… instead of acting dumbfounded by customers’ defecting to online sites, retailers have finally put in place technology that links their online stores with their physical stores. They’re also trying to make their stores more fun.
I had a few occasions chatting with the IT people of the company in the past few years. They were reluctant to adapt to the on-line trend of the retail market. One year, they wanted to expand their on-line catalog business; the next year, they closed the on-line catalog business and moves the majority of their IT people overseas in the following years. This time, it appears that the new SVP, Mike Amend, hired from Home Depot, is ready to face the on-line retail business challenges.
This article highlights a lot of positive actions for the company to transition itself from a traditional retail business to an on-line one.
- Recognizing its market strength: Research from comScore tells Penney that its customers have household incomes of $60,000 to $90,000, and they tend to be hardworking, two-income families living both in rural and urban settings. They don’t have the discretionary income to commit to membership fees.
- Last month, Penney added the ability to ship from all its stores, which immediately made about $1 billion of store inventory available to online customers and cut the distance between customer and delivery.
- About 80 percent of a store’s existing inventory is eligible for free same-day pickup.
Last week, it offered free shipping to stores with no minimum purchase. Large items like refrigerators and trampolines are excluded.
- JCPenney.com now stocks four times the assortment found in its largest store by partnering with other brands and manufacturers.
- More than 50 percent of its online assortment is drop-shipped by suppliers and doesn’t go through Penney’s distribution. Categories added range from bathroom and kitchen hardware to sporting goods, pets and toys
- JCPenney.com now has one Web experience regardless of the screen: phone, tablet or desktop.
- Its new mobile app and wallet include Penney’s new upgraded Rewards program. Customers can book salon appointments on it. The in-store mode has a price-check scanner.
- Penney set out to “democratize access to the data,” so that not only the technical staff could understand it, now dashboards and heat maps allow the artful side of the business — the merchants — to measure such things as sales to in-stock levels or pricing to customer behavior.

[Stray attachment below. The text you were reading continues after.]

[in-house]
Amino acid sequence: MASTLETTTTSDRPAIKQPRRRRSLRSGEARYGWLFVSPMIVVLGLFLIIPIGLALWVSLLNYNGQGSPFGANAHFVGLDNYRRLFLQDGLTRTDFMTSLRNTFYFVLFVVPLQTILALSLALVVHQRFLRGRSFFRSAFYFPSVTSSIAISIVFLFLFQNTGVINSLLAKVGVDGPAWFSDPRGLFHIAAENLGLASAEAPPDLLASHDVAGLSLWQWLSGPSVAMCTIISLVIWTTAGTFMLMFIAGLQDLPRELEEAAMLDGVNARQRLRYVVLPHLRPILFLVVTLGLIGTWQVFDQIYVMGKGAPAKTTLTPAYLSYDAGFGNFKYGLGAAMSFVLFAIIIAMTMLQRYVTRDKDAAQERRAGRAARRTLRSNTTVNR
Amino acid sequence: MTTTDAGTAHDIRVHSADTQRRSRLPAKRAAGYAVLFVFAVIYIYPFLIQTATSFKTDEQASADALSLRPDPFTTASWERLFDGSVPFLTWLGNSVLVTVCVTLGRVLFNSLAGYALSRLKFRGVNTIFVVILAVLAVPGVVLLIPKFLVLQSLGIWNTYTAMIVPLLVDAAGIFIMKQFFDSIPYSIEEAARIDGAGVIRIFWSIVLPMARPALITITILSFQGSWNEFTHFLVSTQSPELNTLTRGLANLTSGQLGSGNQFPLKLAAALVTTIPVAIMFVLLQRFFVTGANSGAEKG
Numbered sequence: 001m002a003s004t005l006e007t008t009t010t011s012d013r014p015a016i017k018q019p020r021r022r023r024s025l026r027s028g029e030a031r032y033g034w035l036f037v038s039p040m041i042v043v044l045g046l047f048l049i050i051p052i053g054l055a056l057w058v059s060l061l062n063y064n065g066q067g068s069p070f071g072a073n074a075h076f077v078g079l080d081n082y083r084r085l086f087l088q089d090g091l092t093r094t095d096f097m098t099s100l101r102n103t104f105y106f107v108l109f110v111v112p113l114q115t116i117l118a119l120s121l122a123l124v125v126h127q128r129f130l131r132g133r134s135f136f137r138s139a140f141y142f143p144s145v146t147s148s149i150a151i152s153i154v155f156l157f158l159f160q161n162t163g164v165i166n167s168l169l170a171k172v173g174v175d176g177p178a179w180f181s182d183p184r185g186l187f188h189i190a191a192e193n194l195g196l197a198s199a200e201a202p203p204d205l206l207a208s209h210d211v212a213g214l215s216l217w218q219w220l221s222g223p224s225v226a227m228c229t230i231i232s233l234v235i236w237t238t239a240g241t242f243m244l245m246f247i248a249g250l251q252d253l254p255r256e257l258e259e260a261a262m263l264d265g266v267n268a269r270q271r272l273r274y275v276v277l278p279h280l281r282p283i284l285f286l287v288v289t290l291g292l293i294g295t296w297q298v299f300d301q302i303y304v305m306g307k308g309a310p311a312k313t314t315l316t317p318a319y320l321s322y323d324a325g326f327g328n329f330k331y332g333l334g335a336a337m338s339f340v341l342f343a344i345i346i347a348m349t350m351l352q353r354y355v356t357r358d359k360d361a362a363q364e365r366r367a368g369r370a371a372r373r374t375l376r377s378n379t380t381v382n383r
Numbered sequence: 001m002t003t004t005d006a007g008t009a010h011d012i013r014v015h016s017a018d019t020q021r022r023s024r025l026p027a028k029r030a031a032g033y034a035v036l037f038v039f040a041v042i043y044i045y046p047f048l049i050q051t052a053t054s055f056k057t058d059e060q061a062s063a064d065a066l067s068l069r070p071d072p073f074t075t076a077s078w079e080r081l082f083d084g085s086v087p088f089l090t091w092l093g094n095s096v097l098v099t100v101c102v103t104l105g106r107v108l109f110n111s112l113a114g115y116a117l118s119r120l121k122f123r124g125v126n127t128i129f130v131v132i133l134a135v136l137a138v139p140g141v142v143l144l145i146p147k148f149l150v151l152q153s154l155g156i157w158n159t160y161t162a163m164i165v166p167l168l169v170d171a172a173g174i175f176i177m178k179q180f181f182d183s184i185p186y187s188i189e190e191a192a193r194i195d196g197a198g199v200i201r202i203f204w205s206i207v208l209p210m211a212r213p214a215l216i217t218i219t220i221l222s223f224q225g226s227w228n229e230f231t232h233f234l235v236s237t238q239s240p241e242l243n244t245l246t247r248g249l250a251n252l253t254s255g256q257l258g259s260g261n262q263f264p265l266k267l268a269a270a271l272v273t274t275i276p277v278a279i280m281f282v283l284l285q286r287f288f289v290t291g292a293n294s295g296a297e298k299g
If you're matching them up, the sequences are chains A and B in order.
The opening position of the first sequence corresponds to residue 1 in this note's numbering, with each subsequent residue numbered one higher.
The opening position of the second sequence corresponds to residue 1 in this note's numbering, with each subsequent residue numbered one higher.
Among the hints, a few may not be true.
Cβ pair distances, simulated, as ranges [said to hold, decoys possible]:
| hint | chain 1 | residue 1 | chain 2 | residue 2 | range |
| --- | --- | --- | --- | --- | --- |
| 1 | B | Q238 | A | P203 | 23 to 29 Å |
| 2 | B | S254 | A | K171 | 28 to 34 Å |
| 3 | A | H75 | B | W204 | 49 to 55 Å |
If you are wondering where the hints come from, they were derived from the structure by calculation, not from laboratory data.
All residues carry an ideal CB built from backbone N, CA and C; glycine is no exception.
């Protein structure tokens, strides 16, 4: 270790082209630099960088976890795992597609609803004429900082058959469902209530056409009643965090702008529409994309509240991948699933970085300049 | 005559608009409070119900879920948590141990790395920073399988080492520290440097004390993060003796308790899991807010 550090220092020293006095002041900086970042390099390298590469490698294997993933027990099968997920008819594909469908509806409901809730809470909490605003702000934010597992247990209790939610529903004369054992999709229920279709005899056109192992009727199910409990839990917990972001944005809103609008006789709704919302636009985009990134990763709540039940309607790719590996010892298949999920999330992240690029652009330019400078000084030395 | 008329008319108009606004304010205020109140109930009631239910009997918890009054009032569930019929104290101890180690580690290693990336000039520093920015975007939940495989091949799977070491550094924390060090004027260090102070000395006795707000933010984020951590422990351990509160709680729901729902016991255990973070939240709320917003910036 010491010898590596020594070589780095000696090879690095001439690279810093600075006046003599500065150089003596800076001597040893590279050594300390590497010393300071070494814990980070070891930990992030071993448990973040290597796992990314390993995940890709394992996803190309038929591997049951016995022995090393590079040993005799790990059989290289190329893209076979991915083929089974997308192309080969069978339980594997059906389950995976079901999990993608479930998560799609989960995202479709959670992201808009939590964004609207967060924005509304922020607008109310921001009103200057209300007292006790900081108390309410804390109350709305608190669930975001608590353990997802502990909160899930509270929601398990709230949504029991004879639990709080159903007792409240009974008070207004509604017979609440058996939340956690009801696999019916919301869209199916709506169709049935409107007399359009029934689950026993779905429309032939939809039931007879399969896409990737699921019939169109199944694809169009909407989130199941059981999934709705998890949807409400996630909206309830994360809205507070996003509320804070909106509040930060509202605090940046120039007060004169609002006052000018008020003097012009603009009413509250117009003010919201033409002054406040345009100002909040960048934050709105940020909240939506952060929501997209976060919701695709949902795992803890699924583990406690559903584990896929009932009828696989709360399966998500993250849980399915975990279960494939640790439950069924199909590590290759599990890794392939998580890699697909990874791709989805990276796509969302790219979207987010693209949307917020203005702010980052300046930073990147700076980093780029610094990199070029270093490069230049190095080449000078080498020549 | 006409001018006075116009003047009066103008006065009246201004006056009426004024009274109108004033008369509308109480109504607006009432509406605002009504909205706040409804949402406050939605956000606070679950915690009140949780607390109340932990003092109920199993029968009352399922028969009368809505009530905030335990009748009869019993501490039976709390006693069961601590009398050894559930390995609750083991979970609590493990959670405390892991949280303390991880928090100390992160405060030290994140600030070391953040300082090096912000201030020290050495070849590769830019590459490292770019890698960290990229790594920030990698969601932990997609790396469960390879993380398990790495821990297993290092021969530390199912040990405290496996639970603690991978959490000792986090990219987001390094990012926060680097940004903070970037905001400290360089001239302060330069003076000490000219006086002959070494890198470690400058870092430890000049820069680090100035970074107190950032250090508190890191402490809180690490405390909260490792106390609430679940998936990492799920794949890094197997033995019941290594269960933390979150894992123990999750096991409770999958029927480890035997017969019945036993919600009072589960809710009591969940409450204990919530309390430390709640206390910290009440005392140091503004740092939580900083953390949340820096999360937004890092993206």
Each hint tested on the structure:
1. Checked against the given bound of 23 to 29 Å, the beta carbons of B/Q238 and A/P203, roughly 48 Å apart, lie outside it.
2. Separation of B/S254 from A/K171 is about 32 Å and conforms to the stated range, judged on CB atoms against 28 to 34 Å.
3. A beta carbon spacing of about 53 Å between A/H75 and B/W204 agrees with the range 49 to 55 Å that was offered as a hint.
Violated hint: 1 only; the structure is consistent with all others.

Amazon, whose Prime service claims more than 70% of upper-income households in the US — those earning more than $112,000 a year — is suddenly going after customers on government assistance who earn less than $15,444 a year for a one-person household.
The retailer on Tuesday announced it would slash the cost of its monthly Prime membership nearly in half, to $5.99 a month, for customers who have an electronic benefit transfer card, which is used for government assistance like the Supplemental Nutrition Assistance Program, better known as food stamps.
This is the new Gartner magic quadrant for operational (transnational, OLTP) DBMS (Oct., 2015). It appears that Microsoft’s hard work and licensing structure pay off to beat Oracle. I was hoping to see the rankings of big data vendors, such as MapR, Cloudera, Hortonworks, and others, to be a lot higher but they are not. Maybe, big data applications are still limited to a few big name companies such as Google, Amazon, or Netflix, but not the majority of businesses. And, those big data businesses are more related to streaming and internet searches, less about point-of-sales and logistics operations. Or, maybe, traditional DBMS is already sufficient to meet most business needs with reasonable cost.
It makes perfect sense for Amazon to set up physical stores, or join existing Barnes and Noble stores in college campus, due to its shipping convenience and popularity in colleges. This would eliminate the need for those colleges to set up distribution centers in their campus, which is an completely unnecessary infrastructure cost to them.
Some people even suggested Amazon to buy out Postal Services. This is another interesting idea but does not actually solve the package problems to those colleges, because they simply do not have the space and labor to handle those increasing packages.
With Amazon finally lifting the kimono and admitting to the world that its Amazon Web Services (AWS) division is a massive (and fast growing) part of the business, it is interesting to look into what all of that $6 billion worth of revenue is being spent on.
One thing is for sure, and that is, regardless of posturing by other vendors, AWS is the largest pure-cloud vendor. That is; AWS sells more infrastructure as a service (IaaS) products than its competitors Microsoft, Google GOOGL -0.34%, IBM, and Rackspace.
Amazon Web Services is now offering a free online course on Big Data , and is also offering an instructor-led course on Big Data on AWS. The AWS Training site has also includes sections on getting started with AWS, including AWS Essentials and self-paced labs.